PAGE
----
Unfortunately, most of the crimes committed in sweet, sweet Jamaica are by young men, many of whom are uneducated and unskilled. Sadly, there is a disconnection between them and us. "Di yout pon di corner" who continue to lament the fact that "nutten nah gwan" are angry and oftentimes hungry young men who are totally disenchanted with the system.

Let's face it, this country has a great number of young people out there who have the potential to become useful and happy citizens. Jamaicans are a very talented people. Any country our size that can produce a Bob Marley and a Usain Bolt as well as a Shelly-Ann Fraser-Pryce and an Elaine Thompson-Herah should not be taken for granted. The tragedy is that, because of the failure of our politics, there are thousands of Jamaican youngsters in our midst who are young, gifted, and blank. They cannot read and write, they have no marketable skill, they are plagued by a sense of hopelessness, and have very little faith or confidence in the future. Practically every day a young man dies in this country, and any nation that keeps killing off its young men will never be able to create the environment in which a Vision 2030 can become a reality.

Incidentally, how many of our young people are aware of this national objective and have even bought into it?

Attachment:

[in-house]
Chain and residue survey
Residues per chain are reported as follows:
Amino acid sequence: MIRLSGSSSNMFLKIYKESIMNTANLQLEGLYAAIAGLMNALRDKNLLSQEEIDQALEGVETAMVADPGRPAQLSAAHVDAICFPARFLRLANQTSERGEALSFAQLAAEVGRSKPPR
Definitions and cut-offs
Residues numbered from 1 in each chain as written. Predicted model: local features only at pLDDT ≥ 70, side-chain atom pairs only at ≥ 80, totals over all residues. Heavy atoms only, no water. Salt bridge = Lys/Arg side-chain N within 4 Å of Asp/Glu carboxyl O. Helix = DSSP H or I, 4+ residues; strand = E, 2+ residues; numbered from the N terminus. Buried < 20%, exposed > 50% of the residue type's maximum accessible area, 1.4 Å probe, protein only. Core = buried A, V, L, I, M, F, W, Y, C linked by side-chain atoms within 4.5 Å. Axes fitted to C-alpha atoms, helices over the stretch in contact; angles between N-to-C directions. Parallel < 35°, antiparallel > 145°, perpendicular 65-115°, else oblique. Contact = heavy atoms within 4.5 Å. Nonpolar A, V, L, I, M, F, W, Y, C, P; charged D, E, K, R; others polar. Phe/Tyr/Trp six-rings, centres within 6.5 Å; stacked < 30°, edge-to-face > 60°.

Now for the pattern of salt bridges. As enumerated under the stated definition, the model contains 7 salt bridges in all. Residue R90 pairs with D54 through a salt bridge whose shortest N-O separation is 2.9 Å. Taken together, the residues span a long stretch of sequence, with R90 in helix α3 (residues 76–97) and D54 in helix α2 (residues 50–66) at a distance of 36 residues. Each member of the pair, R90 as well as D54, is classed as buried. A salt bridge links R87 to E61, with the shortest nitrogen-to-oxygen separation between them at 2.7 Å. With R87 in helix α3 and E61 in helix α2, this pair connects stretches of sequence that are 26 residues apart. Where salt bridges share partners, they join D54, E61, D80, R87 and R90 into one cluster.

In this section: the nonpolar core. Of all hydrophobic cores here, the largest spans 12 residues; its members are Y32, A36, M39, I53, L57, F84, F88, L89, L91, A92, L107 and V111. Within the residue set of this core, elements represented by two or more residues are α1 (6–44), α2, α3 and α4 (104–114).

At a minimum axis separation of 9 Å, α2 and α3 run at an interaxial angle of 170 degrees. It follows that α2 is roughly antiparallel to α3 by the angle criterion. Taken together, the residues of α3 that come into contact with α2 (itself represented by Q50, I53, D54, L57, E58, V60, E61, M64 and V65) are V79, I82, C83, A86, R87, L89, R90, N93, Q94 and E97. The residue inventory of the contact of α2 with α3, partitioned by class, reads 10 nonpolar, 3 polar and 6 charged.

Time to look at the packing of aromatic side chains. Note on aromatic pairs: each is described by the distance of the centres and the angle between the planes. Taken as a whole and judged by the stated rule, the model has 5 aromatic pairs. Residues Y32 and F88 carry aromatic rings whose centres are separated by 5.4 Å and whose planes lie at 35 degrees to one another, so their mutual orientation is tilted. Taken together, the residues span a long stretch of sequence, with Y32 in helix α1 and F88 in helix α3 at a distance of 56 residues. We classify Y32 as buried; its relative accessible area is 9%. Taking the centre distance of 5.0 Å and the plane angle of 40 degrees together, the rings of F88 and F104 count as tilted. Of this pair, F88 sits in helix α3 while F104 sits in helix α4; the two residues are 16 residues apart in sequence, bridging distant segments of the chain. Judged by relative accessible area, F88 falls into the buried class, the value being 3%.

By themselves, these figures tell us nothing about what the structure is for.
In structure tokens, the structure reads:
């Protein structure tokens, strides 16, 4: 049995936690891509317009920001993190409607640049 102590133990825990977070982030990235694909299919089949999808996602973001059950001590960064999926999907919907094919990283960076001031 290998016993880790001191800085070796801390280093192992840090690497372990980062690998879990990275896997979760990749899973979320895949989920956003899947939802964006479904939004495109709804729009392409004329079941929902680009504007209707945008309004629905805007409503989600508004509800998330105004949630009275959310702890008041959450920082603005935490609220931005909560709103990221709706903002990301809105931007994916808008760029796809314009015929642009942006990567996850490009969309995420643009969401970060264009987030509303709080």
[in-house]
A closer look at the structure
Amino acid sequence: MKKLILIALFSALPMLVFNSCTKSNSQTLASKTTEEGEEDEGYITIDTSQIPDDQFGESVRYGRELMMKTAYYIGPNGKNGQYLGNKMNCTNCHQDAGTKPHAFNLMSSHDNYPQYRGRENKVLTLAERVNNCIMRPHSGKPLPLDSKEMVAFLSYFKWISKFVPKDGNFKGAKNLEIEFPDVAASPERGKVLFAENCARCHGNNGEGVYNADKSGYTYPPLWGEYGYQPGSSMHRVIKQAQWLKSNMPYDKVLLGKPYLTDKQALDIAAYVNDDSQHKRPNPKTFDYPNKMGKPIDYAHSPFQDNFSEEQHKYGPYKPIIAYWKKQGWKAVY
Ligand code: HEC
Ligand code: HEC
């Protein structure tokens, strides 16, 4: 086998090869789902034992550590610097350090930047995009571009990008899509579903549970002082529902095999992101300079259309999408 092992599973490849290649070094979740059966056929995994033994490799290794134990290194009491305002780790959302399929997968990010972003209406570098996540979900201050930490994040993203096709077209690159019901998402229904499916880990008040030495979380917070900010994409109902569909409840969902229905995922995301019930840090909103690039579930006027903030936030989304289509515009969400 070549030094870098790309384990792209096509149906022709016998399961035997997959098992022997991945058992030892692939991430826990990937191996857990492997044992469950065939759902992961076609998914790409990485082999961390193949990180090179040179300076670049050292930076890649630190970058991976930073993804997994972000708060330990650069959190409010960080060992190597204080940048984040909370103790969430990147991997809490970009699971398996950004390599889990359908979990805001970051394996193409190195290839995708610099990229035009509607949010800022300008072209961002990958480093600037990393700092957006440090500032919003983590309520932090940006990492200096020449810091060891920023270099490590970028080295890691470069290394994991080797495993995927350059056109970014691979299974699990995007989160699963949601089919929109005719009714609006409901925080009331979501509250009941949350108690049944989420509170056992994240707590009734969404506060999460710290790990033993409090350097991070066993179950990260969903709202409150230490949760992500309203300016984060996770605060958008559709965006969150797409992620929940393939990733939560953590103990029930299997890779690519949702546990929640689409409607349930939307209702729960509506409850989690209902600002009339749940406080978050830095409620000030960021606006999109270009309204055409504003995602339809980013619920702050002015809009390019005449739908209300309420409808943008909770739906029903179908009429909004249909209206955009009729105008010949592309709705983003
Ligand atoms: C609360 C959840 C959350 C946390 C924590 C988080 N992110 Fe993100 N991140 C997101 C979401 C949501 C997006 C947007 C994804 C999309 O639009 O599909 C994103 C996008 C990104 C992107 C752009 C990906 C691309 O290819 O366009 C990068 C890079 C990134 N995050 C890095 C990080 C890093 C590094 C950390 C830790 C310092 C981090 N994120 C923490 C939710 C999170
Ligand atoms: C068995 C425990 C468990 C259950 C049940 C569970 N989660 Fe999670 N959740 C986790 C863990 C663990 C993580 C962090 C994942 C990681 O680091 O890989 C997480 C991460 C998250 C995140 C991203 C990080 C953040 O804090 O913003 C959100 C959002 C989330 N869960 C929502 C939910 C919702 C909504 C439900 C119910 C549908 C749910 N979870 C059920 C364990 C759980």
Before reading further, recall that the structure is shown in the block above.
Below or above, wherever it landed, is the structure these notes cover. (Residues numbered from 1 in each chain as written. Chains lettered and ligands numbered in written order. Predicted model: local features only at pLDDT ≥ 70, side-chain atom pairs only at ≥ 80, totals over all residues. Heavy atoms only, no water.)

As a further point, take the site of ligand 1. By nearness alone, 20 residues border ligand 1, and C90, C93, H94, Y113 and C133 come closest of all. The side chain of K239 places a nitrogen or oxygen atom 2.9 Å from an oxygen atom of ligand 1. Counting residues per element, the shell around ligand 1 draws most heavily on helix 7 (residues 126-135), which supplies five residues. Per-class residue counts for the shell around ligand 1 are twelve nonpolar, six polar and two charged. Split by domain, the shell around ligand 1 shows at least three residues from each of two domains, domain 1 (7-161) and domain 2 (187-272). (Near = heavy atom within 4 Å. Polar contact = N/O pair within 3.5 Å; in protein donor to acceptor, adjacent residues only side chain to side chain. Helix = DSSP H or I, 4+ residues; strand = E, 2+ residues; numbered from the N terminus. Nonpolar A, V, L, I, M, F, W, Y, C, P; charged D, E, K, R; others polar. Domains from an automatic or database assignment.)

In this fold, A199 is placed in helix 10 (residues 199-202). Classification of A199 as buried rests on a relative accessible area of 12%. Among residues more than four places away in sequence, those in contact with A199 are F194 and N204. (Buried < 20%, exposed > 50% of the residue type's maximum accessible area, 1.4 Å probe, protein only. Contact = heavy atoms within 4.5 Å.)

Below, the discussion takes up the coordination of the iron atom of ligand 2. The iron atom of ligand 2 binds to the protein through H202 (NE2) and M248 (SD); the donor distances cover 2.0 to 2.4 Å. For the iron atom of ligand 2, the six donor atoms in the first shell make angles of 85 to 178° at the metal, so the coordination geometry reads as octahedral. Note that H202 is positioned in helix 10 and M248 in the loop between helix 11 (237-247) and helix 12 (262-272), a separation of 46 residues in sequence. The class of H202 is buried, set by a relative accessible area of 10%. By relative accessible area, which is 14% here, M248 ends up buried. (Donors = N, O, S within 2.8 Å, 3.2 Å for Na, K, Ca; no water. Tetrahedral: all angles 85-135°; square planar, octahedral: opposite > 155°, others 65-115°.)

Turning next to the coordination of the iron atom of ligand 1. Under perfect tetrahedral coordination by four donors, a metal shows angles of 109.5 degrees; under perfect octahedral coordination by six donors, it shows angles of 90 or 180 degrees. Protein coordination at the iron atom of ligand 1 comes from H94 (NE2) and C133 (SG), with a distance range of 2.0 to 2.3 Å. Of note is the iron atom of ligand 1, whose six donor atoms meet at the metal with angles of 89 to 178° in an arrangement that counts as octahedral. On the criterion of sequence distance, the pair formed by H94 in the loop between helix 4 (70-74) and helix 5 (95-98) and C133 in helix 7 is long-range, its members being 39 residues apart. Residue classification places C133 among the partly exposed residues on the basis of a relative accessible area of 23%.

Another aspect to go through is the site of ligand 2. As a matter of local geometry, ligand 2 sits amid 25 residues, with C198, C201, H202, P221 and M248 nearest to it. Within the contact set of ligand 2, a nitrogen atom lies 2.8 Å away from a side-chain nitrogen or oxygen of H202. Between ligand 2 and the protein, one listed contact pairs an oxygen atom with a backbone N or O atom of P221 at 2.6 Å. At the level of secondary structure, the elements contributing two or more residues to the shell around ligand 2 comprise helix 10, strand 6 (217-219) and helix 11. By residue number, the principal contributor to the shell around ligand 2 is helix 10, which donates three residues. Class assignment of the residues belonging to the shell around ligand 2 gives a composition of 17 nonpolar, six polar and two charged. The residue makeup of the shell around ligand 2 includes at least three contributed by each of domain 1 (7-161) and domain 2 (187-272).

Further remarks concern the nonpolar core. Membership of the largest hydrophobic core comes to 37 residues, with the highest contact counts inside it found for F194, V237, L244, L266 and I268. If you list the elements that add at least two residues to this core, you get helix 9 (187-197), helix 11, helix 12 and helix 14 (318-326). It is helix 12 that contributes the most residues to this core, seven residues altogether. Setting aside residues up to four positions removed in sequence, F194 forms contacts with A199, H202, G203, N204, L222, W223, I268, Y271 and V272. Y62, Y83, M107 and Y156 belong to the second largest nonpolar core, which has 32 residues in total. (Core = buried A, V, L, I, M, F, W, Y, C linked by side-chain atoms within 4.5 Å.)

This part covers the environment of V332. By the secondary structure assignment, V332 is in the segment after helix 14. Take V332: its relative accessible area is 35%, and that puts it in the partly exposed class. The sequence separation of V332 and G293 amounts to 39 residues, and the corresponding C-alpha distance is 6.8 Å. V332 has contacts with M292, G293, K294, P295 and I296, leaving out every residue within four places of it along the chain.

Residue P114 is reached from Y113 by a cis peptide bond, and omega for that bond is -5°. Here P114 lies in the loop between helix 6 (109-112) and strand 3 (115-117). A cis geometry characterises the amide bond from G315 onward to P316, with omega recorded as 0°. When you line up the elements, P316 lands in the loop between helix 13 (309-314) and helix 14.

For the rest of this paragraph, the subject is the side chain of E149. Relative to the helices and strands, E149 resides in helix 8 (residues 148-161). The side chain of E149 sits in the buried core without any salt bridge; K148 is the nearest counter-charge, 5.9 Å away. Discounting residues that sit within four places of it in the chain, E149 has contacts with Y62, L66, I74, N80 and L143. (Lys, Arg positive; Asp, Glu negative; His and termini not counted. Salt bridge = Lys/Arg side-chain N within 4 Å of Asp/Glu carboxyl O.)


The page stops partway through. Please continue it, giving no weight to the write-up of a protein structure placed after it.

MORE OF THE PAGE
We have failed to exploit Brand Jamaica in the positive way we should because we continue to be a nation of samples — talk and no action. Is it that youth heeds nothing? Too much lip service is being paid to our young people. Yes, it may well be argued that there are many success stories with respect to our youth, but aren't these stories more the exception than the norm?

Sometimes when I watch Televeision Jamaica's (TVJ) School Challenge Quiz I am struck by the ease with which students can answer questions relating to foreign topics, including identifying outstanding individuals as against relating to local figures and institutions. Our young people for the most part have foreign minds and foreign tastes. Most of our most qualified youngsters migrate; the average youth in the ghetto has no clue about what is going on around him or her. During a job interview I asked a young man a few questions, his answers were telling.

Question:Do you read?

Answer: No

Question: Do you watch or listen to the news?

Answer: No, Sah. Mi listen to Beenie Man and Bounti Killer.

Enough said.

Their mode of dress, the way they speak, and their body language and just about everything about them reflects an alien culture.

Unfortunately, education did not take top priority in 1962 when we achieved independence status and still does not even to this day based on what is transpiring. After all, education, when all is said and done, is about youth, people empowerment, and self-actualisation. What the late Professor Rex Nettleford referred to as the "smadditisation" of our people.

In the meantime, it is a major tragedy that so many of our young people see their vote, which is one of their most sacred rights, one that their forefathers fought and died, for as a mere commodity that can be sold for a one day bellyful, which, incidentally, as Jamaican proverb opines, "cannot fatten mawga cow".

Lloyd B Smith has been involved in Jamaican media for the past 46 years. He halso served as a Member of Parliament and Deputy Speaker of the House of Representatives. He hails from western Jamaica where he is popularly known as the Governor. Send comments to the Jamaica Observer or

Lloyd B Smith
Lloyd B Smith